1- that there has been an allegation from one party in a commercial dispute that there are variations, and;

2- an investigation was commenced; and

3- the subject has NOT admitted the truth of the allegation.

We have NO proof that the allegations are true. We have not seen a report of the completed investigation. We have not see the other party's side of the story. We have not seen any documents that could prove the allegations are true. All we know is that as far as can be seen, ILCA has done what ILCA should have done according to the dictates of natural justice and procedural fairness.

Imagine if the wider society just assumed that allegations from one interested party must be true, as many have done in this issue. There would be no assumption of innocence. Merely being charged by the police would lead to a conviction. Any protest in a sailing race must result in the other side's disqualification. Any protest committee who did not DSQ the protestee would be insulted on sailing forums.

Imagine if you were in a similar situation. Someone says, for example, that you cheated with your boat's measurements. The protest committee writes to you and tells you of the allegations, which is what they must do under the precepts of natural justice. You do not admit that you cheated. You then explain to the PC, perhaps, that the protestee's facts were wrong, or that their belief about the rules were wrong, or that the rule gave you the option to set the boat up as you did.

Imagine if the protestee released nothing more than part of their protest and part of the PC's correspondence, and based on that alone posters on the world's largest website branded you a cheat and the PC incompetents or worse. Would you like that?  Would you be happy if there were headlines that named you a cheater and said that you should not be allowed into major events?

The basic question in all this is, why not give people the protection of the presumption of innocence?

 

 

 

 

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3 hours ago, Gouvernail said:

That ^^^^ is a wonderful fantasy. 

The Olympics are about money, nationalism, money, egos of the winners, money, distracting society from the abuses of governments, money, entertainment, money and money 

Completely correct Gouvernail.

The Olympics are a huge shit-show and certainly NOT the pinnacle of sailing. Many of the world's top sailors are not there. Back in the day it was harder for Rodney Pattison to qualify for GBR in the FD Class than win the Gold, Ben Ainslie beat off two other world top 10 Finn sailors to win his 4th Gold medal and that was BEFORE he was even selected for Team GBR.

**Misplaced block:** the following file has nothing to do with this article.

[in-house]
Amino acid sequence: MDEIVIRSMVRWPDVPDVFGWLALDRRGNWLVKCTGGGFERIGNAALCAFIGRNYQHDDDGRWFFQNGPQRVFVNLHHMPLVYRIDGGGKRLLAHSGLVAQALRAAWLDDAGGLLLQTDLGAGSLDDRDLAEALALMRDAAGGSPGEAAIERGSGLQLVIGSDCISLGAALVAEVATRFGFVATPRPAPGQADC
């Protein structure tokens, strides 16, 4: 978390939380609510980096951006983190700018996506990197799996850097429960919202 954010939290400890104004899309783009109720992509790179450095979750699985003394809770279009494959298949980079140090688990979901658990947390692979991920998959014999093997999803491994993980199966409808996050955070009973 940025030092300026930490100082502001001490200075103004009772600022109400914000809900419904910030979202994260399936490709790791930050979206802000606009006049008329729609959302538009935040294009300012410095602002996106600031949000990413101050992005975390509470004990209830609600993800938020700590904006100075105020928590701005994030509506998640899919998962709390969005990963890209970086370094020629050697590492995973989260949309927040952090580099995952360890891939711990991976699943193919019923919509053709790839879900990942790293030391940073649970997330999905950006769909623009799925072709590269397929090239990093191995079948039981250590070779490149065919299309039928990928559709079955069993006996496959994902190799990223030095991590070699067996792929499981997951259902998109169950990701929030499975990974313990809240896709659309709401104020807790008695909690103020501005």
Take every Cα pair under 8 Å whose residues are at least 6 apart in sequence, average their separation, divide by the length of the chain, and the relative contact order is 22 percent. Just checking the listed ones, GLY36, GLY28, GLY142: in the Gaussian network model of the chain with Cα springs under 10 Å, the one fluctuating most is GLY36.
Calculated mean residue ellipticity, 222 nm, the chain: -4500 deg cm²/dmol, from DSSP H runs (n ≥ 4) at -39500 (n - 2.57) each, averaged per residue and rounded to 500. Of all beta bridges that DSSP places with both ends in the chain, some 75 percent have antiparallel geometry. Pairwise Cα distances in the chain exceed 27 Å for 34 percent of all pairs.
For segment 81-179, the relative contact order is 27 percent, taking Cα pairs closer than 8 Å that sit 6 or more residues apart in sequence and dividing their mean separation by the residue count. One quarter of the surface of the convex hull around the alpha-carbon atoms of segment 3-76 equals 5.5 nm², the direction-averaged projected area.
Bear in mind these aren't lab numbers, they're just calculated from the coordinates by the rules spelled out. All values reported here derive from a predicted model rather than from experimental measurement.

Many countries funding depend on the chance of medals. That is certainly the case in GBR and CHN and some countries (south of the equator) didn't even send representatives in certain classes to Rio in 2016 because of a low chance of medals (and they HAD qualified to be there).

How can this be described as an important event for our sport? Oh yes, nearly forgot World Sailing has their hand in the IOC pocket.

Imagine if the 'spend' on sailing for the Olympics was used elsewhere! The marina in Qingdao for the 2008 regatta cost USD420 Million, that's 1 million per competitor. What could that have done for sailing if spent elsewhere?

Sure the Olympics give a focus for (some) people to aim for but it is only every 4 years so what about those born at the wrong time and are not at the correct place on their development curve (individual development curve not national).

And are the Olympics really representative of the sailors of the world? If you don't like sailing one of those classes tough shit. I know (personally) one sailor who turned down the chance of an Olympic berth because it wasn't her kind of sailing. She had already filled the runner up spot in a national ladies keelboat championship so clearly not just a wannabe, more of a didn't wannabe and I am sure she is not unique.

Of course they have launched many sailing careers but there are so many ways to excel or just simply enjoy our sport.

Wouldn't it be nice if those "other ways" got a little more attention from World Sailing.

I would be a hypocrite if I said I didn't enjoy watching the Olympic Sailing but I enjoy all forms of coverage of the pinnacles of our sport.

We are NOT track & field, gymnastics, weightlifting, swimming, diving, fencing, or any of the multitude of sports where an Olympic Gold Medal is our Everest - we are sailing where the likes of the Volvo, the America's Cup or Vendee Globe or even a Finn Gold Cup (and probably others) carry just as much weight in our sport.